Some time ago I discovered and posted the very best, ultimate chocolate frosting recipe. It’s a recipe I go back to over and over again. Divinely smooth and fudgey, not too sweet, perfectly chocolate-y. But it was time to change it up and devise an ivory version. I had made a chocolate cake for St Patricks Day (and the visit of my husband’s brother, also named Patrick) and decided it needed a froth-on-the-top-of-a-Guinness look. Plus, I have a family full of white chocolate lovers, who were dying to sink their little fingers into some overly abundant frosting.

 

This recipe is minimally edited from the first recipe but includes some cheats I’ve learned from making Ultimate Chocolate Frosting several times. Er, okay, maybe dozens of times? All in the name of research of course…

 

 

 

* * * * *

 

Ultimate White Chocolate Frosting

 

Ingredients
85 grams unsalted butter, cut into small pieces
120 grams of good quality white chocolate (make sure it contains cocoa butter! I use Whittakers)
1 tsp vanilla extract
140 grams icing sugar
140 grams creme fraiche (approximately 1/2 a tub)

 

Method

Melt butter and chocolate in a microwave safe bowl, in ten second bursts, checking and stirring each time.
Once the mixture is smooth and melted, remove bowl and add the vanilla extract. Whisk to incorporate and then add the icing sugar a quarter at a time, whisking to incorporate (the mixture will look grainy, but don’t worry, it’ll all come together!)
Add the crème fraîche and continue whisking until the frosting is shiny and smooth.

 

* * * * *

 

There you have it. A very easy white chocolate frosting to please your devoted masses. If you really want to get fancy you could top it with berries – fresh or freeze-dried, or citrus slices – candied or dehydrated or even sugared, toasted nuts if you are using it to top a carrot or banana cake. I employed a small helper to pick the flowering rosemary from our front garden and sprinkled the tiny, purple blossoms all over. You could take a similar approach with lavender or other edible blooms.

 

 

With love,

Hannah

In: Food, From Hannah, Includes a recipe!

The Little Cookie that Could. And Does. 2

March 15, 2017

 

This is the story of a little cookie that looked humble and unassuming, but was actually a buttery, chocolatey killer in disguise.

I’m serious. This cookie has committed manslaughter. It has slaughtered my man for any other cookie. Every time I make them they disappear at a frightening speed, and now that DH has two cookie-lover-apprentices in the house, things are only getting worse.

There’s nothing to these, which is why they are so good. (I mean bad.) They’re basically a chocolate shortbread, but that makes them sound boring or something from a grandma’s tea table. (I love tea with grandmas, really.) The ingredients list has only eight things, and they’re simple.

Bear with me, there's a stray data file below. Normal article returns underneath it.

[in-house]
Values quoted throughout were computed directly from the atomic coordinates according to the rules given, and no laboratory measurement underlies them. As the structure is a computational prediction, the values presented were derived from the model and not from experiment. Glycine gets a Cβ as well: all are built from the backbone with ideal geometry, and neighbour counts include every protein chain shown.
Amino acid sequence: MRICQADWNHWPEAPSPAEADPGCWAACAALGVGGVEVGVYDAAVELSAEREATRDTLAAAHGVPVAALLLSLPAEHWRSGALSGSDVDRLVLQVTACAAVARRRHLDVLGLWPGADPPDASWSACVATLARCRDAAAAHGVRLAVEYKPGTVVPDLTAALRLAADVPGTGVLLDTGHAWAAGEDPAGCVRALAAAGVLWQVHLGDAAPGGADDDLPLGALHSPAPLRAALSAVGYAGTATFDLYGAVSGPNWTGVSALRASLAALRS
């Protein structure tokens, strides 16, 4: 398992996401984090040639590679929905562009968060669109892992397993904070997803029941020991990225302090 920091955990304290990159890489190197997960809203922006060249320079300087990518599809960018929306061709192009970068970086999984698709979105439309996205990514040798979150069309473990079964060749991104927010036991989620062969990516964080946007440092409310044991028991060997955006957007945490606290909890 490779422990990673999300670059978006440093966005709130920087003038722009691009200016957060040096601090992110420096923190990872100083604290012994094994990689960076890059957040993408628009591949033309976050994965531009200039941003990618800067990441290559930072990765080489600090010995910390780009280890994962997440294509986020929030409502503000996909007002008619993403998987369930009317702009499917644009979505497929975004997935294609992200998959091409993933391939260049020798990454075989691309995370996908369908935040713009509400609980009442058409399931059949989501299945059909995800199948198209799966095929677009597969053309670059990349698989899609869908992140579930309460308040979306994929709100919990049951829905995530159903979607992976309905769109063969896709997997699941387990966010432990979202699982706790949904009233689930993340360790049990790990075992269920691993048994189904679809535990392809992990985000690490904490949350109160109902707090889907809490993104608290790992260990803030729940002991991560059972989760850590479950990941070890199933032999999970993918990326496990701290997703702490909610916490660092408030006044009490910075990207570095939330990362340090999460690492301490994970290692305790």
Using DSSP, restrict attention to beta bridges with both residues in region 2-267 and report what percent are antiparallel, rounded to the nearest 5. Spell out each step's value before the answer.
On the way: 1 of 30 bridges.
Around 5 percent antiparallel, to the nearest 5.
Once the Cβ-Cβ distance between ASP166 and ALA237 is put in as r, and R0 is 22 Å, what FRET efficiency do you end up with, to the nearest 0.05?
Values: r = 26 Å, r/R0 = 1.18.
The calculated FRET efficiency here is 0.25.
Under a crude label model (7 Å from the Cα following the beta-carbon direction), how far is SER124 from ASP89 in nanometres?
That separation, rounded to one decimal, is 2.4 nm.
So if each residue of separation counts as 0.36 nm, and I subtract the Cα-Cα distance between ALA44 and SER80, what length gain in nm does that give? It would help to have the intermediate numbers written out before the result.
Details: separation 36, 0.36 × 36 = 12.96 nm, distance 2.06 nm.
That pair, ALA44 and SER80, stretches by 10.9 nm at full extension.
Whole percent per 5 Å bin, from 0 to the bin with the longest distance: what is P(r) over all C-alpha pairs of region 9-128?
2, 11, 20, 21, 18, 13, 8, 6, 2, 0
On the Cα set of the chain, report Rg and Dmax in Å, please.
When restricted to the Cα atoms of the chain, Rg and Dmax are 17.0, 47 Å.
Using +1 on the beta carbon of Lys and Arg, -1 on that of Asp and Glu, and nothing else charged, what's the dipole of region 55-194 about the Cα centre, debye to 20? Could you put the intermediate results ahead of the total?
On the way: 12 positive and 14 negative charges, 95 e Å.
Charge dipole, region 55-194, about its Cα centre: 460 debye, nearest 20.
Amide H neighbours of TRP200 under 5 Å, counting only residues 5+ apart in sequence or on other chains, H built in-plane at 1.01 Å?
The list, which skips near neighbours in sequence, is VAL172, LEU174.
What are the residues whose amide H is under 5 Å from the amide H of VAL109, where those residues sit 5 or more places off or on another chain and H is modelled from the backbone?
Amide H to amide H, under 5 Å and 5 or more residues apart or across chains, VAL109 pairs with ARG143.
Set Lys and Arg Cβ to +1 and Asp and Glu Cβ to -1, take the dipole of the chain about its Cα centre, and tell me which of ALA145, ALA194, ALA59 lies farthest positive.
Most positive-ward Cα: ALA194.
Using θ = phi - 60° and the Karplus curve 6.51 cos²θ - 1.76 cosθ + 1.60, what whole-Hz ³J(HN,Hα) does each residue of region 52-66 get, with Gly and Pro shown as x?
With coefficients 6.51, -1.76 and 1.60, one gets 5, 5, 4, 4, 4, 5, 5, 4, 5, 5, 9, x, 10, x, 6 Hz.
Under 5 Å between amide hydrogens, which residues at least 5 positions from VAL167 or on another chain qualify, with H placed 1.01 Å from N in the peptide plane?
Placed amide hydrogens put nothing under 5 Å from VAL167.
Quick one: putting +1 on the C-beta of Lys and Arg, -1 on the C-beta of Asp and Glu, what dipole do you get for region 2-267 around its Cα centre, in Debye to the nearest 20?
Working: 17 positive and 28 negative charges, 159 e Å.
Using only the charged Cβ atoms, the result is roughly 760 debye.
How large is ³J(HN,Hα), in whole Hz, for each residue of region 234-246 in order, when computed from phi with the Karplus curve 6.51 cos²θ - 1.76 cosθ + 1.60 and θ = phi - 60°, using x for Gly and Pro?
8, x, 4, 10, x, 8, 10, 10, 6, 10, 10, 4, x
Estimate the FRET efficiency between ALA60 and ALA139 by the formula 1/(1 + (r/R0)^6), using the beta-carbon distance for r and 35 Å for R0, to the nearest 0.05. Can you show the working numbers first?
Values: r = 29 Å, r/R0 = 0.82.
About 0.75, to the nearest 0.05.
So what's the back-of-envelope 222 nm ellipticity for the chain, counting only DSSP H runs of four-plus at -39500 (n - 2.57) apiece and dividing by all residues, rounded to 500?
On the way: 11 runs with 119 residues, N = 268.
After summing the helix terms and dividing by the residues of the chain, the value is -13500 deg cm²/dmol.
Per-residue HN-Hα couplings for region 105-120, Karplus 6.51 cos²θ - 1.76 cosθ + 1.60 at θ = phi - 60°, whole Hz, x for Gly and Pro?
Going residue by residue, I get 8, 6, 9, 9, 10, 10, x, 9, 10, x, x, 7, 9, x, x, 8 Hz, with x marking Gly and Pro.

But the result isn’t simple. The result is slightly crisp on the outside and chewy in the middle, with slightly bitter dark chocolate that’s buttery at the end. And the salt on the top somehow balances out the background sweet note. It’s amazing how something so easy and basic can provide so much enjoyment. And so many adjectives.

 

 

One last note that Little e would want me to mention: because these have no eggs, it’s fine to eat the raw dough. Which is what she calls them. The ones-that-don’t-have-eggs-so-I-can-eat-the-dough cookies. Also known as…

 

Salted Dark Chocolate Biscuits

Adapted from Nigella Lawson’s recipe that can be found here or here

 

Ingredients

300g flour

1 tsp baking powder

1/4 tsp table salt

35 g cocoa powder

250g softened butter

120 sugar

1 tsp vanilla

Sea salt or kosher salt for finishing

 

Preheat the oven to 350 and line two baking sheets with parchment, or grease with butter. Whisk or sieve together the flour, salt, baking powder and cocoa in a bowl. Cream the butter and sugar in a stand mixer (or with a hand mixer) until pale and fluffy, then add the vanilla. Then turn the mixer down to the lowest speed and add the flour mixture. It will take a moment for the flour to be incorporated, but don’t worry, it will all combine into a dark, solid dough. Pinch off bits that you then roll between your palms and place on the cookie sheet; we make them slightly smaller than golf balls. They don’t spread much, so about two inches between them is fine. Once the trays are full, take a fork and press down on the balls, then sprinkle with a little sea or kosher salt.

Bake for 15-20 minutes, rotating the trays around halfway. The cookies don’t darken when they’re ready, but when they are slightly firm and can be gently lifted up to find the bottom not raw anymore, they’re done. They’ll harden up as they cool. Leave on the trays for five minutes, then transfer with a spatula to a rack. These are best at room temperature and on the first day, but will last about three days in an airtight container.

 

XO

Ria

 

 

 

In: Food, From Ria, Includes a recipe!, Kids and Parenting

Chocolate Cheesecake…sort of 3

March 1, 2017

Here’s the thing: I generally don’t like recipes that announce they are something–cheesecake, say–and then swiftly reveal that they aren’t. I just don’t like the misrepresentation. Call it what it is! Don’t dash my hopes! Grrr.

Ahem. So here’s the thing. I’ve been making this cheesecake lately. Only it’s not cheesecake. It has no cheese, no eggs, no normal-cheesecake-crust. It’s one of those really healthy, no-sugar, whole food, good fats desserts.

 

 

And it’s really good.

You might actually think it has cream cheese, or at least something more than what it does have, to create that texture. It’s gluten-free and raw. It’s rich but not cloying. It’s fudgy.

 

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In: Food, From Ria, Includes a recipe!